SAN ANTONIO — Yolanda Saldívar, the woman still behind bars for killing famed Texas singer Selena Quintanilla in 1995, filed a petition to have her trial examined earlier this year, only for it to be dismissed a day later, according to court documents.
On March 28, the documents state, Saldívar filed the U.S. District Court in Waco, Texas, a motion to authorize her second writ of habeas corpus—essentially meaning she believed her detention to be unlawful.
Her argument: That Carlos Valdez, the prosecutor in her trial in the late-1990s, allegedly withheld "exculpatory material evidence" at the time that would have been favorable for her defense, thus preventing her from having a fair trial. The motion also argues that Valdez presented said evidence – specifically, a pair of tennis shoes and a baseball hat the court motion alleges was not introduced as evidence in court – in a recent media interview with a Spanish-language outlet.
Further, Saldívar's motion argues her defense could have argued the evidence was false if Valdez had indeed introduced them during the trial, "as those tennis shoes did not belong to the defendant." The evidence allegedly withheld could also have been tested, Saldívar argues, for "blood, grass, gravel, etc." to prove that alleged events unfolded the way they were said to on the day of the murder.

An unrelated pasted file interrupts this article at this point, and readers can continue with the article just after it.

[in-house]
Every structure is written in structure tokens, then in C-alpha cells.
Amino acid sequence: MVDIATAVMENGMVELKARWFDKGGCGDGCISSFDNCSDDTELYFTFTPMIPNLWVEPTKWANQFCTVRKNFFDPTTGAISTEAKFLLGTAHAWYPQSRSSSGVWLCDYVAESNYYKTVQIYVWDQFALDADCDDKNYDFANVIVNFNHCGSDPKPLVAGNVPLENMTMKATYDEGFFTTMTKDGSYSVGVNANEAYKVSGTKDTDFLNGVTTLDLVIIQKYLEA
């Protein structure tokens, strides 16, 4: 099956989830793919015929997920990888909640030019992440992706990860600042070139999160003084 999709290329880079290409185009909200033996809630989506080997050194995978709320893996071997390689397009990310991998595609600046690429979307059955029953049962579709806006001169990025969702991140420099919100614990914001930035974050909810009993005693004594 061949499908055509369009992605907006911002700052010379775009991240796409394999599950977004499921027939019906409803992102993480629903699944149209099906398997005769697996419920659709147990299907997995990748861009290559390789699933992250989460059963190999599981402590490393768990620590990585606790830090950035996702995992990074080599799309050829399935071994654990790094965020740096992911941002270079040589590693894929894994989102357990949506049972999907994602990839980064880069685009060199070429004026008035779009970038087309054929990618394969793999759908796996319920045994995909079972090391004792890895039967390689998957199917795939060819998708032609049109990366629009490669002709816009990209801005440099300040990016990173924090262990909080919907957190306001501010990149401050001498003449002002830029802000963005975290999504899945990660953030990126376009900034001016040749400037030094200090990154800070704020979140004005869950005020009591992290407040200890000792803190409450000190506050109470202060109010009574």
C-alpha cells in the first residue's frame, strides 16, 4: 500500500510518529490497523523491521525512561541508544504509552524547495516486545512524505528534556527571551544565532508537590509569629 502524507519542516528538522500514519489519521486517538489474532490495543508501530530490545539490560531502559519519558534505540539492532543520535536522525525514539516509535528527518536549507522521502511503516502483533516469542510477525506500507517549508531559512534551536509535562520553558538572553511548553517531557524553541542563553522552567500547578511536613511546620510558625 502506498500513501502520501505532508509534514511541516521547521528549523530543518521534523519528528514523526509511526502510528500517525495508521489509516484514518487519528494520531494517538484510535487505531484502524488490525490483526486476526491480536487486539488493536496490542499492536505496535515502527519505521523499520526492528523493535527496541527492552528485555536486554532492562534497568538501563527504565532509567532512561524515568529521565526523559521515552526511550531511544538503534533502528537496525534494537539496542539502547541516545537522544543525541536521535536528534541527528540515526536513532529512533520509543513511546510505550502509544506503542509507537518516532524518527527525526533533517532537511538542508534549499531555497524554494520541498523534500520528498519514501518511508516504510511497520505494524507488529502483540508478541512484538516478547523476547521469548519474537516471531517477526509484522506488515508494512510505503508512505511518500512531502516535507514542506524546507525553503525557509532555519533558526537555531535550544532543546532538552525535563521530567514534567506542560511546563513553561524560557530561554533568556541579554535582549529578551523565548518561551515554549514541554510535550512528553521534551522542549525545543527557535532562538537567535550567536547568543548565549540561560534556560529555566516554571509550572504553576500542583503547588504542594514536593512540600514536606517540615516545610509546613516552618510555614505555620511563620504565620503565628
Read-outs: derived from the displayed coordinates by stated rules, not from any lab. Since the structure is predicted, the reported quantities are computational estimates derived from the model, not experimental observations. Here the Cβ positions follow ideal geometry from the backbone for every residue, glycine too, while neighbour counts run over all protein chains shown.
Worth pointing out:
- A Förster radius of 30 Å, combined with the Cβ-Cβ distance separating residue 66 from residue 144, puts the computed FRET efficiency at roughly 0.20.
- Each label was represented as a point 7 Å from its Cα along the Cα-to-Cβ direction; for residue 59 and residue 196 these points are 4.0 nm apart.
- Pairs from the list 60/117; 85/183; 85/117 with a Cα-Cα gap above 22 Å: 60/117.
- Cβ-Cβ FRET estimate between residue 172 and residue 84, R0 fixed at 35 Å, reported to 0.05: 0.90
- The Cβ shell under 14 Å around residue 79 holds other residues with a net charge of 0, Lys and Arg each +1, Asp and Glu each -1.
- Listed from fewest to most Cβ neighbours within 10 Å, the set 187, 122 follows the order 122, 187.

An appeals court previously ruled that Valdez "breached" his duty to disclose all evidence, but also found the evidence in question to be "immaterial" to the case. Saldívar, meanwhile, argues that his presenting it in the interview provies its relevance to the case.
The day after Saldívar filed her motion, it was dismissed by U.S. District Judge Alan Albright, who said she filed in the wrong court; namely, it is the Fifth Circuit she must have filed to.
Saldívar initially filed a writ of habeas corpus in September of 2000, only for it to be dismissed three months later due to her having filed in the wrong convicting court, records state.